The CLEVELAND COMMUNITY RELATIONS BOARD was created by the city council in March 1945 to improve relations among the racial and cultural groups within the community and to help ameliorate conditions which strained those relationships. The board, with a paid director and staff, helped end blatant discrimination in hotels and restaurants and established a policy that prohibited segregation in PARKS, playgrounds, and pools. After the city council passed the fair employment practices ordinance in 1950, the board was made responsible for the resolution of employment discrimination complaints, and in the first three years it settled 171 cases. In 1959 the board's 3-member staff was expanded to 12 in order to deal with increasing tensions brought about by the influx of large numbers of migrant AFRICAN AMERICANS from the South. During the early 1960s it became difficult for the board to be effective when many officials believed that its investigations stirred up rather than soothed racial tensions.
As the civil-rights movement became more active in Cleveland, the board, under Director Ellsworth H. Harpole, moved more aggressively to work with civil-rights groups, business and industry, and labor unions to improve employment opportunities for blacks and the acceptance of black applicants into union apprenticeship programs. In the latter half of the 1970s, it also helped ease fears about court-ordered busing to desegregate Cleveland schools. In 1992, the Community Relations Board, main sponsor of Unity Day, held 1 May, was selected by the city of Cleveland as "Department of the Year" for its outreach and community relations programs. The annual Unity Day recognized the city's ethnic, racial, and cultural diversity, and celebrated unity.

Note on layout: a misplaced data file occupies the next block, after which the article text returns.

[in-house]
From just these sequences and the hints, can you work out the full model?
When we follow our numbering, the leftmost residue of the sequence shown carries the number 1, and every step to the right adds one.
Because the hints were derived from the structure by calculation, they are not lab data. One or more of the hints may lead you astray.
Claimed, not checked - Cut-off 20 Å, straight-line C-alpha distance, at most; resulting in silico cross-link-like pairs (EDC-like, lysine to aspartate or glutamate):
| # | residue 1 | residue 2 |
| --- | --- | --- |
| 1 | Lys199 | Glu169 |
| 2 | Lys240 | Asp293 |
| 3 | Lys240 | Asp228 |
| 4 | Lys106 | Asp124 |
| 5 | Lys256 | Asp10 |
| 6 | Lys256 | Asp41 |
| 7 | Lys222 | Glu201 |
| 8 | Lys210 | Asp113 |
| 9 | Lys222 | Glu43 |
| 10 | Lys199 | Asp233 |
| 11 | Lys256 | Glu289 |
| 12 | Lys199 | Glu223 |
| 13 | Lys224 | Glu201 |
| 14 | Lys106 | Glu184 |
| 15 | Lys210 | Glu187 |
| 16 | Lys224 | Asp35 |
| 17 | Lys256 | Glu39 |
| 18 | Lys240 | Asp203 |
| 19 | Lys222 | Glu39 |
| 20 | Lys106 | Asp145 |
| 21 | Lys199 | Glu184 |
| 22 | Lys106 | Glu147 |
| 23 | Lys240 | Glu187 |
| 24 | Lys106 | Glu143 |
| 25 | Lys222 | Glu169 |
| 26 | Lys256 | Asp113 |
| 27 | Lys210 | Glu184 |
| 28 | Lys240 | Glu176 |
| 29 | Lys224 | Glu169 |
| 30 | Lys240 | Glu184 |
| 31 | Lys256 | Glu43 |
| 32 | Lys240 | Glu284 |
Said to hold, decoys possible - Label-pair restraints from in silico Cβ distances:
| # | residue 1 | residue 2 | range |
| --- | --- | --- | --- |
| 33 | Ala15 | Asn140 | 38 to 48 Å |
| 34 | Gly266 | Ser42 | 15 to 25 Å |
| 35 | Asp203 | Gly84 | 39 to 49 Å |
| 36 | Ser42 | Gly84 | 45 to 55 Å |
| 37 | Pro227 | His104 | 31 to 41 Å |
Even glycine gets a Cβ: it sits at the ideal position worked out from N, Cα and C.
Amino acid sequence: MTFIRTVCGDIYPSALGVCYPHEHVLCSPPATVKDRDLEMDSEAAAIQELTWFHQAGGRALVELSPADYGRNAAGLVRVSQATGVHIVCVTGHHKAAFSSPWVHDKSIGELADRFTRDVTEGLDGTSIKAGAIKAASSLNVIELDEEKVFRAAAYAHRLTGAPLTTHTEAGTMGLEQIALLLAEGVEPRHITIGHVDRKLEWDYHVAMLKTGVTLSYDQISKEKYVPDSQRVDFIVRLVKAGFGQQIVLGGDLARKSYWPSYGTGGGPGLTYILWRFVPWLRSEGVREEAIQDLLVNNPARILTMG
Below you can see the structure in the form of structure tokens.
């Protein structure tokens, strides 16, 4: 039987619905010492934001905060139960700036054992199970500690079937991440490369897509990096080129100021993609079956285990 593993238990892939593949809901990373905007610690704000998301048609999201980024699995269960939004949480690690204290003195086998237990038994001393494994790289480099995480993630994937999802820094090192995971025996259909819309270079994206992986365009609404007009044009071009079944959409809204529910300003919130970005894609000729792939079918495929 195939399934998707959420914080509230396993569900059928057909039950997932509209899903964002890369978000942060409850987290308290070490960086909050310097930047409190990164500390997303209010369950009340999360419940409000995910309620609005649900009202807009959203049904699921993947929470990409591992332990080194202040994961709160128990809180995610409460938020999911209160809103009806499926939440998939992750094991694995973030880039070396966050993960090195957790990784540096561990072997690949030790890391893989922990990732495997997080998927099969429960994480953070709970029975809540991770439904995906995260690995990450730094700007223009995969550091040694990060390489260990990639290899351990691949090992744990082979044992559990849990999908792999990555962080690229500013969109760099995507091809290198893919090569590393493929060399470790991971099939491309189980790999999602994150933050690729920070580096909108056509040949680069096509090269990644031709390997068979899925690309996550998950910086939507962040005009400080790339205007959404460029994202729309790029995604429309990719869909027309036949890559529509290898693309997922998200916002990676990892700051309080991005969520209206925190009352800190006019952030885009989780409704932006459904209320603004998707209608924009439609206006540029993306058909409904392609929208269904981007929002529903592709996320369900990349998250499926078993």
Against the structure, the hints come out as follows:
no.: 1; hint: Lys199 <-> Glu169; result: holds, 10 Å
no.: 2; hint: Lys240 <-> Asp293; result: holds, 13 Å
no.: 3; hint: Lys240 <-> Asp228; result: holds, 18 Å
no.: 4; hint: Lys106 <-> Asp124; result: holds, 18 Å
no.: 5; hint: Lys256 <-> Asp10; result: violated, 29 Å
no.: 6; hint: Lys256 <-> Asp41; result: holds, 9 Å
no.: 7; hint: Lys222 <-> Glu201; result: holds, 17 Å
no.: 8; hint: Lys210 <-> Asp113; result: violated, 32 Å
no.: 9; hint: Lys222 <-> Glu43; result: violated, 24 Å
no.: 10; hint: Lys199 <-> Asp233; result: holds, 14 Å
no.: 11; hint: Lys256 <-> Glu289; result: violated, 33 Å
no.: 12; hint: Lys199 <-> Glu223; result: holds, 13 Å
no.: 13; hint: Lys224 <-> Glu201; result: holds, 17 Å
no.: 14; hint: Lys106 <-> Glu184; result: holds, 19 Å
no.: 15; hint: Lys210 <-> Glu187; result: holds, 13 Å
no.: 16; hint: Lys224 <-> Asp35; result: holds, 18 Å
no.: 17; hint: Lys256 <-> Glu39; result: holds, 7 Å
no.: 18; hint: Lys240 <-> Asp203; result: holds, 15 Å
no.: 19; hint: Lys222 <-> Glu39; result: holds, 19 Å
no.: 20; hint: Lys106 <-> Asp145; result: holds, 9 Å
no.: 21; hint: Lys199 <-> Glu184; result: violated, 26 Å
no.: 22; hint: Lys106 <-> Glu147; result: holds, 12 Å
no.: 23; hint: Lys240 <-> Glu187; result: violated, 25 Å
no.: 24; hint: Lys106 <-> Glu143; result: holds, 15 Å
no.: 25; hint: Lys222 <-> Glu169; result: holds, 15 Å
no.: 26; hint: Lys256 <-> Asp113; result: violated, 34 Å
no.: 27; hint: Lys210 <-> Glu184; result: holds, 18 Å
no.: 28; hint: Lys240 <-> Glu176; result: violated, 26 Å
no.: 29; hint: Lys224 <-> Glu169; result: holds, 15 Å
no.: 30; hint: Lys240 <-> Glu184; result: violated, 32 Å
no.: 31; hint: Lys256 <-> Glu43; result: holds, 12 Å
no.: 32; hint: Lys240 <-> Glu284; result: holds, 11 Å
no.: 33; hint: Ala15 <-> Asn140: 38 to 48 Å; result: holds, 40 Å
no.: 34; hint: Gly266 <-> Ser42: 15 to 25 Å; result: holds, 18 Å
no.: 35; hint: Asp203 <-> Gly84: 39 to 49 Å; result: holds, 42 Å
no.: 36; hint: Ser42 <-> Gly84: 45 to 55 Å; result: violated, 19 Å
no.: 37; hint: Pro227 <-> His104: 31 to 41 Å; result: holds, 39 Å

Committed to the promotion of amicable relations among the racial and cultural groups with the community, the membership of the Community Relations Board reflected Cleveland's racially, ethnically, and religiously diverse population. As the Board represented the social, economic, and cultural interests of the community, its members concentrated their work in the following broad areas: Community/Faith Based Outreach, Multicultural Outreach and Engagement, Conflict Mediation, Police/Community Relations, Fair Housing, and Youth Engagement/Crisis Intervention. The Board also sponsored the grassroots work of Police/Community Relations Committees in the city's six police districts. Composed of peacekeepers, Cleveland residents committed to improving life in their neighborhoods and schools by working with police to fight crime, and police officers, these committees met monthly at district offices to address community needs through dialogue and engagement.
As of 2009, the mayor served as Chairman ex-officio of the Board and appointed, with the approval of City Council, 14 members to serve four-year terms. In addition, City Council appointed two of its members to serve two-year terms. The Board met monthly to protect civil rights and to promote peaceful relations among and relieve tensions between cultural groups. Blaine Griffin served as director of the Cleveland Community Relations Board since 2006.